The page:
I thought I’d use this space to share with you some of the fun I had while reporting in Cuba last week, and some observations I had.


Getting my press credentials was a good example of what the culture is like in Cuba. I went to the address that was supplied to me in Revolution Plaza, but it seemed the office had moved and I found myself miles away. I thought that, since I was (or thought I was) close to Old Havana, it would be a good time for a stroll to get some local culture and color. Cell phone Google maps do not work in Cuba (nor does much of the Internet). AT&T claims to be the only U.S. carrier operating in Cuba but even that is very limited. So, I’d have to use my eye and look for landmarks, like the capitol building, which is similar to ours. The walk was long and took me through numerous neighborhoods, which allowed me to see how the average Cuban was living: long lines for essentials. The economy is on the brink.

mark-segal
After a little sightseeing and lunch at a café in Old Havana, I made my way to La Rampa to get my credentials — only to discover that the person in charge was out for the day. I was told to come back the next day, which I did. It took about an hour and when I got my credentials I noted that there was a mistake: Instead of “Philadelphia Gay News,” my credentials said “Philadelphia Cat News.” Assuming that it was done on purpose, I mentioned it to the man in charge. He told me he could redo the paperwork … I knew this would be a process so I told him I’d use the original credential. What a great souvenir.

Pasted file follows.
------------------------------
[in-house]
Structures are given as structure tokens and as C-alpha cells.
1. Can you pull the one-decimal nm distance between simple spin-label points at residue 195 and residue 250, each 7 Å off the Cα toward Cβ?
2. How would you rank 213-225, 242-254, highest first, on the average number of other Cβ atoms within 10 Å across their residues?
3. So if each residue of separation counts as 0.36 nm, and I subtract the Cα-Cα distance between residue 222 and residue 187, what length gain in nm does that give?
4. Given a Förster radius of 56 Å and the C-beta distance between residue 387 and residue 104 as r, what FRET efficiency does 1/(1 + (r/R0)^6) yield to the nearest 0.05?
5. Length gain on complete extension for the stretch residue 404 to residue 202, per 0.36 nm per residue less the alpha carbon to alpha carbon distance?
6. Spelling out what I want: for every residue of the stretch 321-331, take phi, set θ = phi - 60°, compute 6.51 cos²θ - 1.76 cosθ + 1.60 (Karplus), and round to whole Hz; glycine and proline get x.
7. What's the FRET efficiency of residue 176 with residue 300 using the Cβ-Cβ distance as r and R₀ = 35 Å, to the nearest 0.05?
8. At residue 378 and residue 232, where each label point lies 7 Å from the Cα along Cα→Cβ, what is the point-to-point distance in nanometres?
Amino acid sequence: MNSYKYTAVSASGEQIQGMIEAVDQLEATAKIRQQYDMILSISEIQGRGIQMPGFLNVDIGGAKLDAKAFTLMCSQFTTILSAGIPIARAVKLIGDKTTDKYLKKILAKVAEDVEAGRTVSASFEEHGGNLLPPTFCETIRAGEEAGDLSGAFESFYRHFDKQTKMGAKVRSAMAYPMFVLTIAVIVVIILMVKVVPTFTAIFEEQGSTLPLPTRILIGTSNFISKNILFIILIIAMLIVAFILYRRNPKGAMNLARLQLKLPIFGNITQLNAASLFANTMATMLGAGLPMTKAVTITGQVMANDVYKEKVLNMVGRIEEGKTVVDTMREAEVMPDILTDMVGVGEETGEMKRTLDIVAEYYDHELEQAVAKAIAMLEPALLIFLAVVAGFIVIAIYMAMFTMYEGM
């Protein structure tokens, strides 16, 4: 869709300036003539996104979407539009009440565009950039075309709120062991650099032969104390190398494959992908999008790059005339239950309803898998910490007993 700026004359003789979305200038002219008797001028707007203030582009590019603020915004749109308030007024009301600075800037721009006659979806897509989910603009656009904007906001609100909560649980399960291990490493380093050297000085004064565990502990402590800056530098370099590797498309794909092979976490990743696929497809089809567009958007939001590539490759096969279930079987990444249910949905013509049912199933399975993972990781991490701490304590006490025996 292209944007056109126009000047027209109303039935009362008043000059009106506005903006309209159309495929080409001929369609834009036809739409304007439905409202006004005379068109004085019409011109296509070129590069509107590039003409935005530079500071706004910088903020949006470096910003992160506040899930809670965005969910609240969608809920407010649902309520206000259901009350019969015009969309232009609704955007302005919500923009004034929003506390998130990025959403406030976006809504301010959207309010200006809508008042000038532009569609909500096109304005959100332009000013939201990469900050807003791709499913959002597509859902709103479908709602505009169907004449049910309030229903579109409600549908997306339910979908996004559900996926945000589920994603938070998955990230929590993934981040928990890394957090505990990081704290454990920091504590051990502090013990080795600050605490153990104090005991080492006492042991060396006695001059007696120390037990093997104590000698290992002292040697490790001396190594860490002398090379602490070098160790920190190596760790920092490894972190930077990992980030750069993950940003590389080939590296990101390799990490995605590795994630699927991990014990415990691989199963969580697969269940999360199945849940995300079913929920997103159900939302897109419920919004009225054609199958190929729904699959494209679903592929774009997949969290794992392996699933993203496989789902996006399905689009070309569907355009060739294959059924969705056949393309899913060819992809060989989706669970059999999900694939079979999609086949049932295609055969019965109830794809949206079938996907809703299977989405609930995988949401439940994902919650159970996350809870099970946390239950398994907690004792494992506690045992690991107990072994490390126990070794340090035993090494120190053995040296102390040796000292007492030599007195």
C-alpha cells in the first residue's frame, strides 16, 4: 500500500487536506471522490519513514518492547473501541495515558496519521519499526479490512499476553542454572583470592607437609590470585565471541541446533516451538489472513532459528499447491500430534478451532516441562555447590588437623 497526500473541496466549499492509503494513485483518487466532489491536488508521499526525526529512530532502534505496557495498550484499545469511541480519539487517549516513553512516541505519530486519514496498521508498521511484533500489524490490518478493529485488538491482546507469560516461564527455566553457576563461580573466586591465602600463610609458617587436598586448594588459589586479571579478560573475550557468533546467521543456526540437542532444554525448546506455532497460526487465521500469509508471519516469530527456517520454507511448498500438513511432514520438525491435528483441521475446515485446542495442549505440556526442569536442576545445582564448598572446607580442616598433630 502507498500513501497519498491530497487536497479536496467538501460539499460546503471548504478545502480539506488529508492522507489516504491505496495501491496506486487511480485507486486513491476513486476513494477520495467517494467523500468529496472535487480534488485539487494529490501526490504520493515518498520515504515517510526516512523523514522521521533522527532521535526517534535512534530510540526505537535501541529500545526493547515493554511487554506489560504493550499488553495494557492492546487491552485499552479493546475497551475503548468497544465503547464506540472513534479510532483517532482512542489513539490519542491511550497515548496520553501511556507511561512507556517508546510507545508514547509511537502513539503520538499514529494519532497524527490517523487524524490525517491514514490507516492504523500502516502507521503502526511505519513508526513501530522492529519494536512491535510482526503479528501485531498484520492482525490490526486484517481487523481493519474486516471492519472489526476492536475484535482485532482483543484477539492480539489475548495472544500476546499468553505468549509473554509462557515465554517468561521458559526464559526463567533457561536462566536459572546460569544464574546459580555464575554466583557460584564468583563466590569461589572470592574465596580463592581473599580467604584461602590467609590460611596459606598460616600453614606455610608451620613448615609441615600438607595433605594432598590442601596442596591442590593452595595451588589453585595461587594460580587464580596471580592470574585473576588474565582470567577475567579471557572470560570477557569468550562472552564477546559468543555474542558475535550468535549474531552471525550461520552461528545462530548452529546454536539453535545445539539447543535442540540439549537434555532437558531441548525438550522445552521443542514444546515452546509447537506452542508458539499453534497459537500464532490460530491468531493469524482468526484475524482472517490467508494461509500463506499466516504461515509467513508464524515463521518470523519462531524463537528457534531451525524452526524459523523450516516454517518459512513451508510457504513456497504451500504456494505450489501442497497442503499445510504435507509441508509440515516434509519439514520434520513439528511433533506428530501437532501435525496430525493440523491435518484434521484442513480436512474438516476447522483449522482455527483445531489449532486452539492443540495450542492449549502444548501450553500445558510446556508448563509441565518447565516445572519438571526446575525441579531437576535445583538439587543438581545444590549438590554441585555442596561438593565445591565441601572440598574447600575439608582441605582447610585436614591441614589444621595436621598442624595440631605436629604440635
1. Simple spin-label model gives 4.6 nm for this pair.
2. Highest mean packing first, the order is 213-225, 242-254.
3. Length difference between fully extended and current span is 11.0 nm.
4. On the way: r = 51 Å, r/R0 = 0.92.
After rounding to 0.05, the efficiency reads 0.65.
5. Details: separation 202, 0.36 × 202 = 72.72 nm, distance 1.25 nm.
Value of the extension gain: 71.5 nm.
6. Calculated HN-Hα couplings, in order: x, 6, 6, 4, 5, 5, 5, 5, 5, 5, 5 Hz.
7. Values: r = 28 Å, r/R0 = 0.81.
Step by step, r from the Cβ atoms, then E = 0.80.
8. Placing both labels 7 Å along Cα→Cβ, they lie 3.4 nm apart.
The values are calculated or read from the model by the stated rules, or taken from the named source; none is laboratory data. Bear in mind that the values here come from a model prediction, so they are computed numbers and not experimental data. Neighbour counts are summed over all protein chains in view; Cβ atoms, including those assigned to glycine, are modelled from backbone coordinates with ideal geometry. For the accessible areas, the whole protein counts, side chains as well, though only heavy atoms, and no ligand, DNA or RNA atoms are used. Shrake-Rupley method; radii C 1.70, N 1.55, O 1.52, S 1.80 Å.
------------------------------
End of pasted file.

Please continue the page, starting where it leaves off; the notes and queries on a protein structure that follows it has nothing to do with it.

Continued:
Any time Trump was mentioned and I groaned, a Cuban would always say, “Now you know how we have felt for 60 years.”


The Cuban people are wonderful and resilient under an embargo that must end. Normalization between the U.S. and Cuba will bring change. Personally, the trip was like back to the future — similar to stories that I’ve covered in Beirut and the Middle East, Russia and the fall of the Berlin Wall. All those changes were made, from my viewpoint, on the ground due to more communication. Likewise, it will be with Cuba.


I wanted to do this story because it seemed a time that Cuba was on the brink like Berlin, Beirut and Eastern Europe, about to join the world from a closed society. There were three things I learned. First, it will get better there, but it’s a guessing game as to how long that will take. Second, I was proud of the way LGBT media is covering these baby steps. Finally, I’m getting a little old to be a working reporter, but I must admit that it really is in my DNA.


Mark Segal, PGN publisher, is the nation’s most-award-winning commentator in LGBT media. His recently published memoir, "And Then I Danced," is available on Amazon.com, Barnes & Noble or at your favorite bookseller.

 

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